Esperanza Spalding won a Grammy for best new artist in 2011. But the virtuoso bassist, singer and composer was by no means “new” to the art form.
She began seriously performing at age 5, and her career has led to the White House — playing several times for the Obamas. Spalding also performed in Sweden when former President Barack Obama received his Nobel Peace Prize.
Spalding recently released her seventh album, “12 Little Spells,” over the course of 12 days and followed it with a 12-city tour, ending on Dec. 12. She relates her fascination with the number back to — what else? — music.
“In context of the musical scale,” she explains, “with these 12 fixed ingredients — the 12 notes — you can combine them in an almost infinite number of ways and produce really any sonic effect with melody or harmony or rhythm. Within this fixed set of ingredients, the possibilities are really endless.”
Spalding seems to be exploring those possibilities on “12 Little Spells.”
Musically, the album is a move away from the more traditional jazz and singer-songwriter sounds of her previous records, featuring lush orchestrations, electronic elements and song structures that push past the standard pop formulas.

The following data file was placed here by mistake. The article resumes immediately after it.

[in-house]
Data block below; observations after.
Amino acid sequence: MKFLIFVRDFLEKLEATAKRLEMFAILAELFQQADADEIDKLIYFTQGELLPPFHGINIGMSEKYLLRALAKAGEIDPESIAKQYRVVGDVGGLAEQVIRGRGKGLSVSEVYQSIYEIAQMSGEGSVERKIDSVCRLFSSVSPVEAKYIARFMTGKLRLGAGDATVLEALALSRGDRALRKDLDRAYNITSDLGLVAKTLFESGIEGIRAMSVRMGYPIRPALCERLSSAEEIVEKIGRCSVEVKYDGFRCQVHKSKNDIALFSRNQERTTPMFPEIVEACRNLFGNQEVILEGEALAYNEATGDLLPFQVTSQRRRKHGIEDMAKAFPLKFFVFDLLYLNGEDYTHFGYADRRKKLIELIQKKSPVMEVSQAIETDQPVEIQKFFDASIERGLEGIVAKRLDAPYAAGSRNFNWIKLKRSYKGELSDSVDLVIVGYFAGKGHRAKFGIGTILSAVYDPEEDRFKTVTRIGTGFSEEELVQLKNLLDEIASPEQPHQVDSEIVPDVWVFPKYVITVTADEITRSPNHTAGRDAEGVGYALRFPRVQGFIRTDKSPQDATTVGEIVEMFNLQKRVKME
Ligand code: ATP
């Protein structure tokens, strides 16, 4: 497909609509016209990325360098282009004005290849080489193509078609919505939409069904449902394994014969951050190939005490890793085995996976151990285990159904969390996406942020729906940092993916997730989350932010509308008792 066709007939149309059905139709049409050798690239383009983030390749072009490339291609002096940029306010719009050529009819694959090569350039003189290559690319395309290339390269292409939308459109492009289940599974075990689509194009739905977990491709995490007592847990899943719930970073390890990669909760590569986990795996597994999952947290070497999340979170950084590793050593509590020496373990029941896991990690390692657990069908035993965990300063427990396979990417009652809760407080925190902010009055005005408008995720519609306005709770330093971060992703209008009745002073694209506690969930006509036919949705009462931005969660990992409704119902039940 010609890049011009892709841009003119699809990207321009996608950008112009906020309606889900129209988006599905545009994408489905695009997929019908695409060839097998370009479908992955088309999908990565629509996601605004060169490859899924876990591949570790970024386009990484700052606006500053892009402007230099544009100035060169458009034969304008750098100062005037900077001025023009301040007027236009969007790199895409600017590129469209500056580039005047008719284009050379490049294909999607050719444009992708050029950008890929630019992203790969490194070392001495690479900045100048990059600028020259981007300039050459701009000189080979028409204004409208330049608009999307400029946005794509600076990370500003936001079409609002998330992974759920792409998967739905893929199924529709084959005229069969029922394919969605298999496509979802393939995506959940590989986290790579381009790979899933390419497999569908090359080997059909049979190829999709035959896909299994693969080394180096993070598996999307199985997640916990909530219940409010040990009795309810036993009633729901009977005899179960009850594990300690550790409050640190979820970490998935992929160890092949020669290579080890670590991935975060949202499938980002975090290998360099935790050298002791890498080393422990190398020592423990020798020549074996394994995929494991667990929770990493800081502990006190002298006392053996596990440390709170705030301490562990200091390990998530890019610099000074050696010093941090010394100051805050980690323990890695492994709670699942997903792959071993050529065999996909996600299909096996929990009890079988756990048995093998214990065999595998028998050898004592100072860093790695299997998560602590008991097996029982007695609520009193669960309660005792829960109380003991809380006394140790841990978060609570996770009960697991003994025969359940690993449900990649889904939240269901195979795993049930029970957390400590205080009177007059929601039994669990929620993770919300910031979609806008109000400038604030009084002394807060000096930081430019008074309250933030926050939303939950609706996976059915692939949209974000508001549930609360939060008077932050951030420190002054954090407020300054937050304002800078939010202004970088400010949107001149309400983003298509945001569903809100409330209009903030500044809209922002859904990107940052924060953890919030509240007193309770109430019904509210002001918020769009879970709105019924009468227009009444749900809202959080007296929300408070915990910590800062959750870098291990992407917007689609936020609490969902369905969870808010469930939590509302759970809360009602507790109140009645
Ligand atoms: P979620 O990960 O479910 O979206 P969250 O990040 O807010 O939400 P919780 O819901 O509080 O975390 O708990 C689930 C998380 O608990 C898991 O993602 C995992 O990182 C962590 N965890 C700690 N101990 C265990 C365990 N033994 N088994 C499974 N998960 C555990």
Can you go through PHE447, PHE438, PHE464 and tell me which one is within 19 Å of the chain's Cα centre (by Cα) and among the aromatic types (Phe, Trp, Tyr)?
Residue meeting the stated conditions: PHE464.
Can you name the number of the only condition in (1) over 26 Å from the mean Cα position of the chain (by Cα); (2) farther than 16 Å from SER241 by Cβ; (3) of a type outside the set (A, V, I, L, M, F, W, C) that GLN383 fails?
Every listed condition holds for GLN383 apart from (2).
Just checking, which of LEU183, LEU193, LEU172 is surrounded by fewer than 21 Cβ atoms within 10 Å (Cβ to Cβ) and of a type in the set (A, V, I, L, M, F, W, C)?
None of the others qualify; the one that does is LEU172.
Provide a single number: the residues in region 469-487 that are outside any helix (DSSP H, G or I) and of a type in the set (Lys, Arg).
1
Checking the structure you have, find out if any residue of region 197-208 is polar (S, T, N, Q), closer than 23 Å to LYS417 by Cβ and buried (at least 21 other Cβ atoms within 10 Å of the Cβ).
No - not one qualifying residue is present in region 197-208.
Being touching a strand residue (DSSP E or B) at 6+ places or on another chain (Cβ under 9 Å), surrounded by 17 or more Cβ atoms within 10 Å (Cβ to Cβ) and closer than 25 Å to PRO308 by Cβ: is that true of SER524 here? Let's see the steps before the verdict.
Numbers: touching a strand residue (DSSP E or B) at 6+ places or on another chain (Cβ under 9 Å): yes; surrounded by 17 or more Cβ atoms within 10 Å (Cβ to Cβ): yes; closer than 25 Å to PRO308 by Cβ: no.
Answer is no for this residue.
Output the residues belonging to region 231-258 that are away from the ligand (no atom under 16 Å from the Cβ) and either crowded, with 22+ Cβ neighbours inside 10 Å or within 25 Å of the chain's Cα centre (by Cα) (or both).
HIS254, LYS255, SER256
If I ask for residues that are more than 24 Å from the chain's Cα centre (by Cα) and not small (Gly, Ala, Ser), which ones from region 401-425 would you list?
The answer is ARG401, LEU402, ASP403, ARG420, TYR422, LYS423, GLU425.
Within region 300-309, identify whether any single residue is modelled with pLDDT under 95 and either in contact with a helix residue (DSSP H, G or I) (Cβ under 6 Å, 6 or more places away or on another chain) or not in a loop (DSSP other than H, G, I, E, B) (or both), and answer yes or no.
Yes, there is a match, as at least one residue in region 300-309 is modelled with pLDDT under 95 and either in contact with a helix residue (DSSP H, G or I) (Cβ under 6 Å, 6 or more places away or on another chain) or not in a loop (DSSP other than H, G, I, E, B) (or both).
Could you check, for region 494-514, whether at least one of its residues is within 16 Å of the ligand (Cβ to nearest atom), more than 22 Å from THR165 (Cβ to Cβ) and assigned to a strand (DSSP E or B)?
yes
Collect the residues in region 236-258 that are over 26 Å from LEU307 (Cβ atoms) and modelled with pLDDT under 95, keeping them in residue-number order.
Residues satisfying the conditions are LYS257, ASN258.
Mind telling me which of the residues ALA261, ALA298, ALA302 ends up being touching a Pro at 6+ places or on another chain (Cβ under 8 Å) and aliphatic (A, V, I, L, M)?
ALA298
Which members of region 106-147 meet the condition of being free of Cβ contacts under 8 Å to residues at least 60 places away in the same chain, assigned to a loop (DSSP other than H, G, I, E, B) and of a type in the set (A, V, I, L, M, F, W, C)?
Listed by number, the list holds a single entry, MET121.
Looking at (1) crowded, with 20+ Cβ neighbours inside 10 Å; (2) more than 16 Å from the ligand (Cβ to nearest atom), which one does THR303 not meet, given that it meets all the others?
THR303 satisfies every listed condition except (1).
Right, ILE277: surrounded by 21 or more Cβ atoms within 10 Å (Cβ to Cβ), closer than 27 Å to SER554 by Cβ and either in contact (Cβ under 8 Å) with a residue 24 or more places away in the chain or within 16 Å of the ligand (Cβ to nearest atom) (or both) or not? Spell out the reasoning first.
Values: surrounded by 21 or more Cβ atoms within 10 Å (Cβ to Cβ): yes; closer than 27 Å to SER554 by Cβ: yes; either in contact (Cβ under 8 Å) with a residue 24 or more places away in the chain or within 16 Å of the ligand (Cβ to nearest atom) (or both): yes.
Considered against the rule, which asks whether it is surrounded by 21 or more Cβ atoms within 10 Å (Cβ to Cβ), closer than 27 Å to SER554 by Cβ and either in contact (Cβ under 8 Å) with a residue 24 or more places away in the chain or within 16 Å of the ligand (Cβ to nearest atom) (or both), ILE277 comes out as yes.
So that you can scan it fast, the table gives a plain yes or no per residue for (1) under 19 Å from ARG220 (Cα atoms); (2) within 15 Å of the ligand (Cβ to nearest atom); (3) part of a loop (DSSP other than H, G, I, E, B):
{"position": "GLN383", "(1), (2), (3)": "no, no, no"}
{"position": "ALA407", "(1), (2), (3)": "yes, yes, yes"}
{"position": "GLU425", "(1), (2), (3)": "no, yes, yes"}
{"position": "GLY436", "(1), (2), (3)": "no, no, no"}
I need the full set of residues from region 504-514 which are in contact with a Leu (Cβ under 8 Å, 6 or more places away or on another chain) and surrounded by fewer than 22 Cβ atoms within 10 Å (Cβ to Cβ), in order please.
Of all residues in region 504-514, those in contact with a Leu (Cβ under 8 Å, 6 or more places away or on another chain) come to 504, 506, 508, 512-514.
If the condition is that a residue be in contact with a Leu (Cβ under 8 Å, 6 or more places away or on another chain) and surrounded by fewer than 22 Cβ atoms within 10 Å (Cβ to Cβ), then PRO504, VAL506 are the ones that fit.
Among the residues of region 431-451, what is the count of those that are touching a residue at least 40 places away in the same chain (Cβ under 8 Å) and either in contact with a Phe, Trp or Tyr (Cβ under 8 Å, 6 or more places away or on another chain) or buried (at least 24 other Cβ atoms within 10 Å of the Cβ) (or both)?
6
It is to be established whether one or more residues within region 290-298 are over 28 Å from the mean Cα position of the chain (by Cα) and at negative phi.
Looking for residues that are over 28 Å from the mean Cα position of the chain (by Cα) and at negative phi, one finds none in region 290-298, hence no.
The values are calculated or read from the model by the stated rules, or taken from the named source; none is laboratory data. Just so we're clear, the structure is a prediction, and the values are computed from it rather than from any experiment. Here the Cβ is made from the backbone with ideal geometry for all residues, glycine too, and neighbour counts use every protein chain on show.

“It’s been hard, in a kind of surprising way, to free myself from the signifier of being a jazz musician,” she says.
One place she has found inspiration is in the writings of early 20th century atonal composer and music theorist Arnold Schoenberg.
“As a philosopher, he’s a guiding light,” she says. “What I get from him mostly is from his commentary on music and on the creative process. He’s really honest about this dance that all composers are engaged in where you want to surprise a listener. We all want to be surprised; that’s part of the joy of life. Yet we don’t want to be that surprised. You want to kind of know what’s coming, but then be surprised and then shown that it’s not out of control.”
Esperanza Spalding’s album “12 Little Spells” is available digitally, and available physically March 30.